Thursday, October 18, 2012
Time for Texas to face its identity issues
By Max Olson
During two-a-days in the preseason, Texas’ coaching staff made an effort to hammer home an important message to its players.
The story of this Texas Longhorns team would not be written in the preseason magazines. The Longhorns needed this one to stick. They needed to prevent the complacency and entitlement that had doomed a just-as-promising 2010 squad.
Mike Davis and the Longhorns passing attack has shown the ability to stretch the field, but Texas struggled offensively against the Sooners.
Those preseason mags, with their glossy photos, generic evaluations and far-too-early prognostications, were in near-universal agreement when pegging the 2012 Longhorns.
Phil Steele said Texas is “loaded at every position.” Sports Illustrated assured “the defense won’t be a problem for Texas” and “the Longhorns’ D should light up most of the Big 12 quarterbacks it sees.” ESPN The Magazine ran a glowing feature declaring that Texas was poised to threaten the SEC’s elite. All agreed instability at quarterback was Bevo’s biggest flaw.
They all said what most Longhorns fans already believed: The identity of this team was unmistakable. Tremendous defense. Solid power offense. Big 12 title contender.
Preseason judgments came from what Texas looked like on paper. Midseason judgments? They come from what’s on tape. What we know now, thanks to the 42-point shellacking Oklahoma doled out last week, is much murkier.
What exactly is the identity of this Texas team?
Through five games, the Longhorns' offense knew what it was: a run-first multiple offense with lots of backs, a few reliable receivers, and a quarterback who didn’t turn the ball over and could be much more than just a game manager.
Against Oklahoma, that all fell apart. No run game. An overwhelmed line. A day full of third-and-longs and three-and-outs.
Now Texas must figure out whether that showing was a fluke or a forecast.
More importantly, it’s hard to tell what exactly this Texas offense does best going forward. If the power run game isn’t clicking, what identity does the offense fall back on?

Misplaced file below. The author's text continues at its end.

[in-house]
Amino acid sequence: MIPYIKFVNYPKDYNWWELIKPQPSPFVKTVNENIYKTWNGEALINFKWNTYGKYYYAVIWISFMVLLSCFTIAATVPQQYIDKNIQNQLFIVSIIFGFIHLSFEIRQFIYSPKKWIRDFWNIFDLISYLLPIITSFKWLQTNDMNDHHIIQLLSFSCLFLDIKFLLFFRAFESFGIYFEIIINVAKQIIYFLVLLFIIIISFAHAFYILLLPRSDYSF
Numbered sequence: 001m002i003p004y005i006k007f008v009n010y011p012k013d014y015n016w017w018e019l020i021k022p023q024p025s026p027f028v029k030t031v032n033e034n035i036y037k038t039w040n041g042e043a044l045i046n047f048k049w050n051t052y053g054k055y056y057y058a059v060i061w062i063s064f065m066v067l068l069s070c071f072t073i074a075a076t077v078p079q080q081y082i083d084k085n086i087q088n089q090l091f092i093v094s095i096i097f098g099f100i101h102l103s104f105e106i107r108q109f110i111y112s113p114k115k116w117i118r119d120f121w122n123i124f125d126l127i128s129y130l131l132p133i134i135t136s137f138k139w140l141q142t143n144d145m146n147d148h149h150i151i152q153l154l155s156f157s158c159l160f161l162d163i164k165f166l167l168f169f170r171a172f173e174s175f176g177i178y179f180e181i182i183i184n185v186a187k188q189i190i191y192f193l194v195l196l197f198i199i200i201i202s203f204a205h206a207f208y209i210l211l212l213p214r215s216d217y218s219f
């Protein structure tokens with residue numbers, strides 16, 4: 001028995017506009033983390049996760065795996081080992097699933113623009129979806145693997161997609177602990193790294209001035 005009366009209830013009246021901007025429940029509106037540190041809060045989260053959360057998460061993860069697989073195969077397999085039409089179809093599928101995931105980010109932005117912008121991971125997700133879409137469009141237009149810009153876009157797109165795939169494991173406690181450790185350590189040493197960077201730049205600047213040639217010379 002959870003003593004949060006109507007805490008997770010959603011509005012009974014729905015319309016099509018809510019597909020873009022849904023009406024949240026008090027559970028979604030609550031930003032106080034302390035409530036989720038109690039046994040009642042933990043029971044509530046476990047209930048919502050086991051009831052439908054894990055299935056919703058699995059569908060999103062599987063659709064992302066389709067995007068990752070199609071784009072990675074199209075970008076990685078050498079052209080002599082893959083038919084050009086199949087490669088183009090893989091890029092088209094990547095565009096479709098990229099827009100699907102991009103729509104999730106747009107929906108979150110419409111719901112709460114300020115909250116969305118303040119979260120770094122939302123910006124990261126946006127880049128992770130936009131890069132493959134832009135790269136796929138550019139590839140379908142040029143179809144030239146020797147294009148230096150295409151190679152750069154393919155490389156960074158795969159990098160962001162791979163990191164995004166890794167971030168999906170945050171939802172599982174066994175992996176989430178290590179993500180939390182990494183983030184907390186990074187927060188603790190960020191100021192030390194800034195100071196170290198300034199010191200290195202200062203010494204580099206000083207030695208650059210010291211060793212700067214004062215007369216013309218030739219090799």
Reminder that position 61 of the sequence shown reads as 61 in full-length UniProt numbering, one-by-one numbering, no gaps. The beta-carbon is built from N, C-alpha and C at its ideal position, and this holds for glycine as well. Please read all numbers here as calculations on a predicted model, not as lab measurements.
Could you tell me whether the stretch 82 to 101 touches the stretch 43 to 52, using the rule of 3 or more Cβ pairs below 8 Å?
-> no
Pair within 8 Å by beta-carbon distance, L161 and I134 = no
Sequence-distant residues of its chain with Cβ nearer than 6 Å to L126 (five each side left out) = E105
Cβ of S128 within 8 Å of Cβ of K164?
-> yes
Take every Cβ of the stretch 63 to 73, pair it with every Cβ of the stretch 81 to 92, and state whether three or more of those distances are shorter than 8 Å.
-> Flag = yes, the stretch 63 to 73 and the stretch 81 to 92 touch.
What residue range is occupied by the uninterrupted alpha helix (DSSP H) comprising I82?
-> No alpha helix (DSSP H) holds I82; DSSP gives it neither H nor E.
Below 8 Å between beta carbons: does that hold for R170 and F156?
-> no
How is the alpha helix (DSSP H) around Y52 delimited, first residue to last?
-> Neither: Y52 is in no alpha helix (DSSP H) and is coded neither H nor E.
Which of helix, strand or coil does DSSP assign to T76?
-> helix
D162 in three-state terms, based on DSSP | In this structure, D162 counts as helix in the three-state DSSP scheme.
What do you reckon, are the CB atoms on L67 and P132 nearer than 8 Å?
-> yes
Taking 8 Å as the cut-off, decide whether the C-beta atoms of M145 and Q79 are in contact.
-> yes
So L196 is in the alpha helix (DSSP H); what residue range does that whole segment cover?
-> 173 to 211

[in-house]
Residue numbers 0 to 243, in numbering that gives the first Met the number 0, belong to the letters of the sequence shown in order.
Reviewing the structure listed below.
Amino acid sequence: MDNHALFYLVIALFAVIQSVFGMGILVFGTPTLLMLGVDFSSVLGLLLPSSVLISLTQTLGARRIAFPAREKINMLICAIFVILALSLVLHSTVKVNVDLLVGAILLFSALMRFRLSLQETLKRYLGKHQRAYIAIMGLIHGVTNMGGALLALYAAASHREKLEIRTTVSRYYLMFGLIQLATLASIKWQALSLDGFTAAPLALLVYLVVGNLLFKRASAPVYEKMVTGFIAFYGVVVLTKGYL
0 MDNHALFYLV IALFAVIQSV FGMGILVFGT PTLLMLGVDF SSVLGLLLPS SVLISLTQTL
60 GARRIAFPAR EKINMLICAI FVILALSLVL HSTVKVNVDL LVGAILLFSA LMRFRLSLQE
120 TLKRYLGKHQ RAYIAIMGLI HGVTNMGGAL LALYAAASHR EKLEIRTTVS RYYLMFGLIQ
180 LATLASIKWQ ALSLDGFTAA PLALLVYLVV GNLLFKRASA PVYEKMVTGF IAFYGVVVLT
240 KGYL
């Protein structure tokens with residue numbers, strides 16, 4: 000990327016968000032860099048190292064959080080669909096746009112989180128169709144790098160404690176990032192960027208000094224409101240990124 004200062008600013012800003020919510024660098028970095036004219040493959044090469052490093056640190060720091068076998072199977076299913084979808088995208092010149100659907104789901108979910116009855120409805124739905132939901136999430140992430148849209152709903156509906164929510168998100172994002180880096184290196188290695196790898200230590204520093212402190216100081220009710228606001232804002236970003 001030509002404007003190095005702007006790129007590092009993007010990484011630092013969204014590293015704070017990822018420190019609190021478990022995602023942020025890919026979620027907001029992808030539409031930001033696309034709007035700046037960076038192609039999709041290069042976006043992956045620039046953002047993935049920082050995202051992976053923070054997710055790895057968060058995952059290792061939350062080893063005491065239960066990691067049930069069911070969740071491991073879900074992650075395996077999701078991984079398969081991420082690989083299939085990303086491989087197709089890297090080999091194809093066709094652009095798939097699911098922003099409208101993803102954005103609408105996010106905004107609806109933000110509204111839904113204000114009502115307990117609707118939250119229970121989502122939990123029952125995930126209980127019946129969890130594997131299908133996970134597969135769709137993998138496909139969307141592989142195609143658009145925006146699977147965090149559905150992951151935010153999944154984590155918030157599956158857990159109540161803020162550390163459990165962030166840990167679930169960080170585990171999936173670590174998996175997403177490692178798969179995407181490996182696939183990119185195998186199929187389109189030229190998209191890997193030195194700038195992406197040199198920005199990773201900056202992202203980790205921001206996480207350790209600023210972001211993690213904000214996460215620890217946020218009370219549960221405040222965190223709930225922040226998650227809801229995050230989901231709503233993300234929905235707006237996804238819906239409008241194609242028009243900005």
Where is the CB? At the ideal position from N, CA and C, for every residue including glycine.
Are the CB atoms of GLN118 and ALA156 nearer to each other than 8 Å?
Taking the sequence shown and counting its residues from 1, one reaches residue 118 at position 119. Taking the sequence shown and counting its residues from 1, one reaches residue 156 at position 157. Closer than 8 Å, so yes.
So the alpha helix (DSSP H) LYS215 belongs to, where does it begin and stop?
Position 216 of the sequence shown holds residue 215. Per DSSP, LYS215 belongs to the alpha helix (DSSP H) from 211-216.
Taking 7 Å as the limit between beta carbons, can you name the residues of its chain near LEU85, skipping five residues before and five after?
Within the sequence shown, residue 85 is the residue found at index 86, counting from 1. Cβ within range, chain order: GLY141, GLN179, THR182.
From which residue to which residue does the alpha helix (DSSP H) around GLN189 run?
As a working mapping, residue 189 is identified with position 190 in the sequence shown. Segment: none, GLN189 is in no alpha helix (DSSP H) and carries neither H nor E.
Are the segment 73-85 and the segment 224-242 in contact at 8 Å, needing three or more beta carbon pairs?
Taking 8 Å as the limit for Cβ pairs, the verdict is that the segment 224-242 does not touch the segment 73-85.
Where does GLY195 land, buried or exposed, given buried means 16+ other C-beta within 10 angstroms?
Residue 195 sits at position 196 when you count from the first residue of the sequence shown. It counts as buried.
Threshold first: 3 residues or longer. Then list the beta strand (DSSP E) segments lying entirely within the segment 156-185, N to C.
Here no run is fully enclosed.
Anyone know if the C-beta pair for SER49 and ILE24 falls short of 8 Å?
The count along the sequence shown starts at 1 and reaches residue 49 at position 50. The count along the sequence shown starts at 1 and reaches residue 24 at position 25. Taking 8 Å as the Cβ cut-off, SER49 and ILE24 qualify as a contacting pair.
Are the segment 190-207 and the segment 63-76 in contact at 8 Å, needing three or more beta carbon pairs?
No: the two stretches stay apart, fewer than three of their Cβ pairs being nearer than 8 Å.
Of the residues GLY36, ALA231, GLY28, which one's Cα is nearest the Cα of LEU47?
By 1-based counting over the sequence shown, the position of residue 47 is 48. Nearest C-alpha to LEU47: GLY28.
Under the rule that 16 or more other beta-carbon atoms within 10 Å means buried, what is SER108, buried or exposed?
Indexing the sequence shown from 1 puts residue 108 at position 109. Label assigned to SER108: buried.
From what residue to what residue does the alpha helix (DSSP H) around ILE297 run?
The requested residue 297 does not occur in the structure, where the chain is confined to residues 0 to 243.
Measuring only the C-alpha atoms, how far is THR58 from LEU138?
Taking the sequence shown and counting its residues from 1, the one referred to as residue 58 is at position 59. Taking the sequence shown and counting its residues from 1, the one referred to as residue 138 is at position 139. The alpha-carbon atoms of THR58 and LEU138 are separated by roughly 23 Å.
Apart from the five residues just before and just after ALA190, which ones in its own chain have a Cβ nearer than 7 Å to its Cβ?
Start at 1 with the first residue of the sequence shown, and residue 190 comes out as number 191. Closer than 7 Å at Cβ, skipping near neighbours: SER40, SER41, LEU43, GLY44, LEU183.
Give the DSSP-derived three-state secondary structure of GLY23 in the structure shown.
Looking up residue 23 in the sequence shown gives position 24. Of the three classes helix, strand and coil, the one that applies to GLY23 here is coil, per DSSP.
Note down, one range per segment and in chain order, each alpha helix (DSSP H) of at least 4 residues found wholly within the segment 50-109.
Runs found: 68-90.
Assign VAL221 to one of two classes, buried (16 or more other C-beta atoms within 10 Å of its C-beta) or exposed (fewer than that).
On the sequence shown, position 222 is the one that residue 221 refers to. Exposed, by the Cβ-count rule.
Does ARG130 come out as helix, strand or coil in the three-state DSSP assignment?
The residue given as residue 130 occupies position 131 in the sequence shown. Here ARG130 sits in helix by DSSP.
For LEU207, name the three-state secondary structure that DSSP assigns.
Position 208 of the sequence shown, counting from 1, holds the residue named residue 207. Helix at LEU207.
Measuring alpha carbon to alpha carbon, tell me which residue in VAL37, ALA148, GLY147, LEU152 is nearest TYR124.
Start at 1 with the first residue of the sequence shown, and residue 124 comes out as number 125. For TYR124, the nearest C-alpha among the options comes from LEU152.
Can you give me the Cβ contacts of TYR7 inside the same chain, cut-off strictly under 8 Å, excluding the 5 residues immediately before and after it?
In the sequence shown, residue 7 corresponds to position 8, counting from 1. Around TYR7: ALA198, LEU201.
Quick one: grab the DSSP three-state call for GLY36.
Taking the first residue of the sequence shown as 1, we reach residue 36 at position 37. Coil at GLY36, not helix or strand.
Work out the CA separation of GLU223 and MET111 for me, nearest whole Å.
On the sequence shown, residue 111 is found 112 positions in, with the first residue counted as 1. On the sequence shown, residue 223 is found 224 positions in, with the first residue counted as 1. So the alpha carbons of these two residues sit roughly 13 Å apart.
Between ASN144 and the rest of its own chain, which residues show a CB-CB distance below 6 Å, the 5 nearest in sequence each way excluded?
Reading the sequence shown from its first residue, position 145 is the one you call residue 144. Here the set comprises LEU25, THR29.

“That question, I don’t really think you can answer it until the end of the season,” offensive lineman Mason Walters said. “It’s going to evolve, and there’s going to be teams who have answers for the things you do. It’s going to take more games to see what this offense really is.”
Added Trey Hopkins: “I’m not really sure. I mean, we’ve shown great things. We’ve shown the capability to be a very explosive offense and a great offense. But the thing we’re lacking now is just consistency.”
Does the offense need to shift its focus to a more pass-first tendency, considering David Ash’s improving play? Don’t ask him.
“That’s not my call. That’s the coaches’ call,” Ash said. “My job is to try to execute.”
The defensive identity is more of a mystery. This is not the top-10 unit most expected. This is a No. 96-ranked scoring defense that’s now missing two of its best players, Jackson Jeffcoat and Jordan Hicks.
With inexperienced and unreliable play at all three levels of the defense, what do the Longhorns hang their hat on in this department?
The answer, for now, might be leadership. Texas’ three best defenders right now -- Alex Okafor, Kenny Vaccaro and Quandre Diggs -- aren’t shying from the responsibility of righting their unit’s wrongs. They’ve been unflinchingly honest about their troubles.
“We’re still trying to get our identity,” Diggs said. “I feel like one thing that we should be and one thing that showed this weekend is, we’ve just got to be physical. I feel like we lost some of our mojo.
“We made this defense on being physical, and we haven’t been that this year at all. If we can get that back, I feel like we can dominate a lot of teams.”
Rediscovering that mojo is easier said than done. Defensive coordinator Manny Diaz hasn’t said yet whether the answer is new schemes or new faces, but he’s re-evaluating everything his defense does. Staying the course isn’t the solution.
What Texas is learning the hard way is something preseason magazines can’t account for: The good teams evolve. Great expectations are always tested by unexpected change.
Only one program -- Alabama -- had the luxury of entering this season as a finished product.
The Tide know exactly who and what they are. They’ll do the same things in the opener that they do in the SEC title game. They have a winning formula and a loaded cupboard of talent.
They are the exception to the rule. Every other team that reaches the mountaintop of college football does so through trial and error. Players get hurt. Some emerge; some disappoint. Coaches adjust their plans and schemes accordingly.
Texas has the raw talent of a top-15 team. That was as true in the preseason as it is today. In order to start playing like one, the Longhorns must stop pretending they’re a finished product.
On this, the Sports Illustrated predictions weren’t all that wrong: “The Horns, perhaps the most unpredictable team in SI’s top 25, could end up in the BCS title game or they could wind up in the Holiday Bowl.”
It doesn’t get any more unpredictable than this for Texas. But the story of this season can’t be written until the Longhorns solve their identity crisis.